Since paints designed for kitchen areas are excellent at resisting mold and mildew, they are ideal for bathroom walls and areas with high humidity or constant exposure to water and grease.
So, if you’re looking for paint that will last longer and stand up to wear and tear in your bathroom, kitchen paint is a good option. However, if you’re looking for an affordable paint that’s easier to apply on a bathroom ceiling and doesn’t require as many coats, regular paint can be a better choice.
Should My Kitchen And Living Room Be the Same Color or Different?
While you don’t have to use the same colors throughout your home, sticking to a similar color scheme helps create a sense of unity between rooms.
But be aware drastic changes in shades can also be jarring and unpleasant. So it’s best to pick the colors specifically for each room that is complementary yet still unique.
For instance, your kitchen and living room could be different colors but within the same family of colors, like a warm yellow for the kitchen and a golden amber hue for the living room. Or you could use different shades of blues or greens to create contrast but still maintain a sense of flow between the two rooms.
You could also use light blue in your kitchen and a darker blue in your living room. Or, you could use white in your kitchen and light gray in your living room.
More or less, this is a matter of personal preference, which means you can carry the same color through both rooms for a sense of cohesion, or you can use slightly different colors to create a bit of contrast.
My Advice to Pick the Color Scheme for Your House
A favorite method veteran decorators use to produce congruent decorations throughout the house is choosing three to five colors.
One of these hues will be the room’s primary color and make up around 60% percent of it. Another shade takes up 30%, while the last appears in only 10% of the area.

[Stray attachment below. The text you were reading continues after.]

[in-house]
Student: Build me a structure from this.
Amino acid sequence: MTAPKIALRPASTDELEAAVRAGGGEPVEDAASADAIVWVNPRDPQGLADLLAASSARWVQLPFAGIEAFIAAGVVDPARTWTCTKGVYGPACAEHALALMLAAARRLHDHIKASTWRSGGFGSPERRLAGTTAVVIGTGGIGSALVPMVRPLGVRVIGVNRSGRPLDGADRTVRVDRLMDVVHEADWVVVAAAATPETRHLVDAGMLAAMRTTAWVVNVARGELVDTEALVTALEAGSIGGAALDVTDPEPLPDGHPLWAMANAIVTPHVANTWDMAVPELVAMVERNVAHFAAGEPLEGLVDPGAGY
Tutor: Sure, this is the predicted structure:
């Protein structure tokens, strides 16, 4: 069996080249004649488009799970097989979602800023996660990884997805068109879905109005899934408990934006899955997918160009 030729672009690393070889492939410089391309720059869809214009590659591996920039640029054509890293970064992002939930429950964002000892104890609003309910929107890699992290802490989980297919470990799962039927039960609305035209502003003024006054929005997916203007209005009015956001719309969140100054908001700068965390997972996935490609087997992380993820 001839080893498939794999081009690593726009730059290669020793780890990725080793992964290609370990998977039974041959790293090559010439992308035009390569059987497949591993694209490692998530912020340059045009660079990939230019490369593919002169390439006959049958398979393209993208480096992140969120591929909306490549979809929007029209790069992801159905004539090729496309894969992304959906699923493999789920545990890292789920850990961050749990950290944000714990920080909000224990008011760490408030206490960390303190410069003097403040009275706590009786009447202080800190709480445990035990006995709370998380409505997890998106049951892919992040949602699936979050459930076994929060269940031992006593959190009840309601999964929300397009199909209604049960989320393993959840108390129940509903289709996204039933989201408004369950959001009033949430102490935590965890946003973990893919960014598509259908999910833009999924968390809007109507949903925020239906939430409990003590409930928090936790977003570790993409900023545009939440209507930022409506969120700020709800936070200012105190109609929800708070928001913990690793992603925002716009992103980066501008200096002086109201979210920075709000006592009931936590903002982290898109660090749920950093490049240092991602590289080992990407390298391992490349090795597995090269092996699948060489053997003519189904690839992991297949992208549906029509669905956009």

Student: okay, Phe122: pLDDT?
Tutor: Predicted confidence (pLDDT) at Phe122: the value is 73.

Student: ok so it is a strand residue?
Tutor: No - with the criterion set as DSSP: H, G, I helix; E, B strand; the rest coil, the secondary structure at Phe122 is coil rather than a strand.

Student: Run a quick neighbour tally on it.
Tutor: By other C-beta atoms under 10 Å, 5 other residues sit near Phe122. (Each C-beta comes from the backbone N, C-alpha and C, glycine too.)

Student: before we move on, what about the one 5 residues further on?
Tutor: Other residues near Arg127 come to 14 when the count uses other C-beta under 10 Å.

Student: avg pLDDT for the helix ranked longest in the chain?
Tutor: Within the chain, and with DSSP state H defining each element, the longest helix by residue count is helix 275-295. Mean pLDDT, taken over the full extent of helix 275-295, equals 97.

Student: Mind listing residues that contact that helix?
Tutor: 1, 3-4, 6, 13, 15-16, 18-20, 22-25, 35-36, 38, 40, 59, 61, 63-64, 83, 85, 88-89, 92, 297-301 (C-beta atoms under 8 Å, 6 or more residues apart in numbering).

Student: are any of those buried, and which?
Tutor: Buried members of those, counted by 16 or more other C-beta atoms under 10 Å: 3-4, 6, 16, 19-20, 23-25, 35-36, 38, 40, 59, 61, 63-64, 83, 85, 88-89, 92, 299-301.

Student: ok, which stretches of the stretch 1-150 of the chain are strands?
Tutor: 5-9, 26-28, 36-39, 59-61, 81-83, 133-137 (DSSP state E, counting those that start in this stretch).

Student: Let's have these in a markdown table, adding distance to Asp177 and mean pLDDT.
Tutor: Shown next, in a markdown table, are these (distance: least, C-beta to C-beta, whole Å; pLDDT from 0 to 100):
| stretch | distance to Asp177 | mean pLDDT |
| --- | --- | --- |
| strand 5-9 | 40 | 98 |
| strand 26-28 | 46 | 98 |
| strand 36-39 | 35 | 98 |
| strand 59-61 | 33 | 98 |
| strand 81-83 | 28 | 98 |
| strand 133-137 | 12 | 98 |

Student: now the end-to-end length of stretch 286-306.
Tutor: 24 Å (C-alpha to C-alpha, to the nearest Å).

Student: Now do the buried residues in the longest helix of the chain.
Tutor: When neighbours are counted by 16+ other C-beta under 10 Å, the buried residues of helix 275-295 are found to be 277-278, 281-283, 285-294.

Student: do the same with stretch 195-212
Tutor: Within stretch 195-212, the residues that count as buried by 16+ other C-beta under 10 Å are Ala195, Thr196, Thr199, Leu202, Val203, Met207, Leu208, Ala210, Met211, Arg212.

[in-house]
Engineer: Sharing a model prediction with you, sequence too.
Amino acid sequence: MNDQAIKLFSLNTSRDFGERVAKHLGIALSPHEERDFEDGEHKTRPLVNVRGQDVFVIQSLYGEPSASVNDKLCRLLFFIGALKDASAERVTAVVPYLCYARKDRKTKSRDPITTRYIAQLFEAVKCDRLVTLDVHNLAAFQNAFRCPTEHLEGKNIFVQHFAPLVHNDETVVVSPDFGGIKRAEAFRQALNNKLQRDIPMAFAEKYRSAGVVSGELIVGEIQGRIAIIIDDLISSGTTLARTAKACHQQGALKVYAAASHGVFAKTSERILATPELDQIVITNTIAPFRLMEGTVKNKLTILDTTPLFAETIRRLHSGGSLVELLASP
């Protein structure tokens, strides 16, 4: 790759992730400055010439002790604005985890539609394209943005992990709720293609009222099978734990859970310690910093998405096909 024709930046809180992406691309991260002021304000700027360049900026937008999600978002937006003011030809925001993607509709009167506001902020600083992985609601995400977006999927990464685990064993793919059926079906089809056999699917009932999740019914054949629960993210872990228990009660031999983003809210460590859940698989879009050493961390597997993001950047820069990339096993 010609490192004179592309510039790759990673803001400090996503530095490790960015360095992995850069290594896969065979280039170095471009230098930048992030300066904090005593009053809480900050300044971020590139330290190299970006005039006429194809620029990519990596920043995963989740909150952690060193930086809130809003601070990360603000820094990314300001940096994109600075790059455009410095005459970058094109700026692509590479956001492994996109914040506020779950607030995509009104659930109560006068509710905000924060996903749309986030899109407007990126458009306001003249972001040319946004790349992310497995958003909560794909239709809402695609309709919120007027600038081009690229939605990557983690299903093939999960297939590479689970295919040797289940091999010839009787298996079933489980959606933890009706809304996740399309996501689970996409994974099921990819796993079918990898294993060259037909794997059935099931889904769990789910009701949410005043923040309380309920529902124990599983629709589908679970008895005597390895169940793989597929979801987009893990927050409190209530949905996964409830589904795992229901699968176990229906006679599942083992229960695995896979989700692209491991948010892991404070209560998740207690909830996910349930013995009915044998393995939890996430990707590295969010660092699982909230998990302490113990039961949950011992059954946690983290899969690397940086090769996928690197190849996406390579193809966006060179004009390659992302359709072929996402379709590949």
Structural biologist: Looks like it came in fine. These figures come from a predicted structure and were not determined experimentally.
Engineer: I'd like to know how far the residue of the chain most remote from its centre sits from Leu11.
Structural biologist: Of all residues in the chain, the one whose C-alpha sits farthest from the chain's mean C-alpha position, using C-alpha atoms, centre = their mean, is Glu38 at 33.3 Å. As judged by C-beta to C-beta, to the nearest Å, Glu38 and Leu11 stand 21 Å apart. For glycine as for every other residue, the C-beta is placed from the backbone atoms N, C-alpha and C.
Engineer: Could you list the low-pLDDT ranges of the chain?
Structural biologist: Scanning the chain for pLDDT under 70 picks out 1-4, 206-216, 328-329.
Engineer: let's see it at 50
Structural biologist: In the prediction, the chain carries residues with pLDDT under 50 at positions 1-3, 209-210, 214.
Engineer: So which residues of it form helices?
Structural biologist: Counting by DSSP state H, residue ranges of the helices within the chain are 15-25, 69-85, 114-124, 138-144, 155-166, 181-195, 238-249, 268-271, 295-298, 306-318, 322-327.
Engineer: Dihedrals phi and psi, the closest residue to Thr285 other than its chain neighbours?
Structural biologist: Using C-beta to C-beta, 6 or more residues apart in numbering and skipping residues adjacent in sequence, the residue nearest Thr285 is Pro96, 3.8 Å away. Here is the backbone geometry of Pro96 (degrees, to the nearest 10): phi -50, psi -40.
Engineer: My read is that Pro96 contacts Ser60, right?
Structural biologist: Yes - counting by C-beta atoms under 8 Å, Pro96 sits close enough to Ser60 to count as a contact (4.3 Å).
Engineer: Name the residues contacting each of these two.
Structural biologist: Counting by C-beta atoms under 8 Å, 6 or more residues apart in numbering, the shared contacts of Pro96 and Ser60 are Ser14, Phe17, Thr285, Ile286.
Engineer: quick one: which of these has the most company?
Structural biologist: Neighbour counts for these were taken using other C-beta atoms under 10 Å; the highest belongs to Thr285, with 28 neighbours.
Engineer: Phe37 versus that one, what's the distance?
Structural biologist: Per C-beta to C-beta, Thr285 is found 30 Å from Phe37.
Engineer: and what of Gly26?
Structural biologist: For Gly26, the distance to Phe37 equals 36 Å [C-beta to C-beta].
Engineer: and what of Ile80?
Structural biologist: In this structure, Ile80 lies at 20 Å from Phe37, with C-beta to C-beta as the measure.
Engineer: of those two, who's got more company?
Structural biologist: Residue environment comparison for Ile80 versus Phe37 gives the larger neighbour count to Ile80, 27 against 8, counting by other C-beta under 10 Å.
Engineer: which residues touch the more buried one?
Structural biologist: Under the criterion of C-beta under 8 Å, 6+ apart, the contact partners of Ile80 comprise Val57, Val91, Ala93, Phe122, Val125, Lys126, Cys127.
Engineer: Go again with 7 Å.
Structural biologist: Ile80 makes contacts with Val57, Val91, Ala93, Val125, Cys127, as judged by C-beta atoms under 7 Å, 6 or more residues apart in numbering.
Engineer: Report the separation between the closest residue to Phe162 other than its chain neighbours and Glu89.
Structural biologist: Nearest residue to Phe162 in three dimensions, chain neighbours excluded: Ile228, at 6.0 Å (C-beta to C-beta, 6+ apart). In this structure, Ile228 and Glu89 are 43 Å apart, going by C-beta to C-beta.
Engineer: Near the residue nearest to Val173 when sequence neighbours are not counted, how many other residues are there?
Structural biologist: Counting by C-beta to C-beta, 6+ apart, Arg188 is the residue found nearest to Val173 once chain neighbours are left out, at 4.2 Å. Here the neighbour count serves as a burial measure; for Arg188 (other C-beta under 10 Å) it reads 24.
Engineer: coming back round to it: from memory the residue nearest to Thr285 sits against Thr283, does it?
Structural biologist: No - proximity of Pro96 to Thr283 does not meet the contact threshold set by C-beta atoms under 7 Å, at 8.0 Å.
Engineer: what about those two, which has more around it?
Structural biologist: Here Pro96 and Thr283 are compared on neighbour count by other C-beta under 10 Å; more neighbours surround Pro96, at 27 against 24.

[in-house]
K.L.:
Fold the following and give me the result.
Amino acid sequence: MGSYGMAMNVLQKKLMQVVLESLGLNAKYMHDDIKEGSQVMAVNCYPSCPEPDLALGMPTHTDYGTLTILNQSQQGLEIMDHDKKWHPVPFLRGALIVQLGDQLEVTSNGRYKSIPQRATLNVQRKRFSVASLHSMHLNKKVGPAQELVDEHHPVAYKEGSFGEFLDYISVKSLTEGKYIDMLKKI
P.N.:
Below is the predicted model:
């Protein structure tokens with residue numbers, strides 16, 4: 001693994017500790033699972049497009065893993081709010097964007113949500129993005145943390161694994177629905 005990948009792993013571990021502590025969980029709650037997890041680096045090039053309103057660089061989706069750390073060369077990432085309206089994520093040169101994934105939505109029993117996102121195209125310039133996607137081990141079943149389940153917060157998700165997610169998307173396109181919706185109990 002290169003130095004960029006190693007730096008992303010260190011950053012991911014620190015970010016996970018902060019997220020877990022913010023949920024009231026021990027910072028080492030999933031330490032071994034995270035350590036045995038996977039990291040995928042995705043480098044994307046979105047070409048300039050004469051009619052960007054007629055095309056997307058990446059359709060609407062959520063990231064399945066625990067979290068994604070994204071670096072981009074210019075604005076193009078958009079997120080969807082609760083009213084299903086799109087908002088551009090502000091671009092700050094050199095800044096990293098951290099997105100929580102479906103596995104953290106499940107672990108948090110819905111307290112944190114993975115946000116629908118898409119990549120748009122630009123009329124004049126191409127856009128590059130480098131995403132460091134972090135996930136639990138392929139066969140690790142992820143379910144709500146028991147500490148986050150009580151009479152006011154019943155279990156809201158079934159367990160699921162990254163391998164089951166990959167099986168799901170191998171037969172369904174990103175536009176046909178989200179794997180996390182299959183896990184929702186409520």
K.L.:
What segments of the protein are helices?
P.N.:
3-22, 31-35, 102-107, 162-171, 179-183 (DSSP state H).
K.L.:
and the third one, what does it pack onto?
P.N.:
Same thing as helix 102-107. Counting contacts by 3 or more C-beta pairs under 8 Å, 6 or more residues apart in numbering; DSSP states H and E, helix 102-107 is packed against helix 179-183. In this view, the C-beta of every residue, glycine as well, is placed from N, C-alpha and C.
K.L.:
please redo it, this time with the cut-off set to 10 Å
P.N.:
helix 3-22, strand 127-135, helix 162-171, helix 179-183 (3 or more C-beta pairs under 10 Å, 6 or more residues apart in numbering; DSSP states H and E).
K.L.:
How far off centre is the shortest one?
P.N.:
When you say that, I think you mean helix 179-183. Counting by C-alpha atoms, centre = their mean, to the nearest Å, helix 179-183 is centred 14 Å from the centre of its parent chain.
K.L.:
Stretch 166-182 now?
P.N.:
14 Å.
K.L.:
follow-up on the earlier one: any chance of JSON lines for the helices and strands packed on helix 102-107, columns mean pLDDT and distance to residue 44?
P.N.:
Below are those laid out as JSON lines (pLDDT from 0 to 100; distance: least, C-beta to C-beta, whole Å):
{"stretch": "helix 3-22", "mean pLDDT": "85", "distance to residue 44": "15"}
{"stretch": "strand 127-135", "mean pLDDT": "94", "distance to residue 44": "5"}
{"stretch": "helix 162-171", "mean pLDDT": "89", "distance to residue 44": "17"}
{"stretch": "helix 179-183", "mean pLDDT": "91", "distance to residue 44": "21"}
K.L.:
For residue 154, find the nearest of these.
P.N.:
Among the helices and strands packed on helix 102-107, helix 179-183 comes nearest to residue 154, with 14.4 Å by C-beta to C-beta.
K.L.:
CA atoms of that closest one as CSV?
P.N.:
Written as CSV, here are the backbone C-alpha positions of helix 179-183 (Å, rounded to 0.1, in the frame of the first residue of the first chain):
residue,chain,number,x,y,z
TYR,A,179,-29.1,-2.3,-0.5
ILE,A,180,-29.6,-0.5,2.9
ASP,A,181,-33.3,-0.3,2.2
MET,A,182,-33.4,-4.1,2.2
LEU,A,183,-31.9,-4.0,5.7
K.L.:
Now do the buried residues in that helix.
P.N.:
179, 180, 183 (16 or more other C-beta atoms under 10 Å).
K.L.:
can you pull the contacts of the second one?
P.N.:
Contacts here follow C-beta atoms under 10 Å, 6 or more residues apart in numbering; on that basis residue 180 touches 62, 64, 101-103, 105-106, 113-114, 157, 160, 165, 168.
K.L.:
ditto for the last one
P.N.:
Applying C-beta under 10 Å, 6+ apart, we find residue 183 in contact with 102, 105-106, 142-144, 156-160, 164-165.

By mixing different permutations of these colors in every room, you add contrast between them without using too many shades and making the space seem overwhelmed or gaudy.
If you’re unsure, you can always consult a professional painter or interior designer for the best way to achieve your desired look.
The bottom line
While there’s no reason you cannot use kitchen paint in other rooms, it’s important to understand the differences between the kitchen and regular paint so you can choose the best option for your needs.
If you’re looking for durable, long-lasting paint in your bedroom or living room, kitchen paint is a good choice.
However, regular paint is a better option if you’re looking for a more affordable, easy-to-apply product that doesn’t require as many coats. The key is to experiment with different colors and combinations so you choose a color scheme that you love and that reflects your style.
Jack Luis is a semi-retired painter who loved painting his clients’ ideas on their walls.
He had worked as a painter for over a decade serving customers in areas such as Charleston, Mount Pleasant, Beaufort, and Georgetown, SC (South Carolina). Today in his free time, he likes to read and write about the newer techniques implemented in his profession. You may read more about him here or get in touch with him here.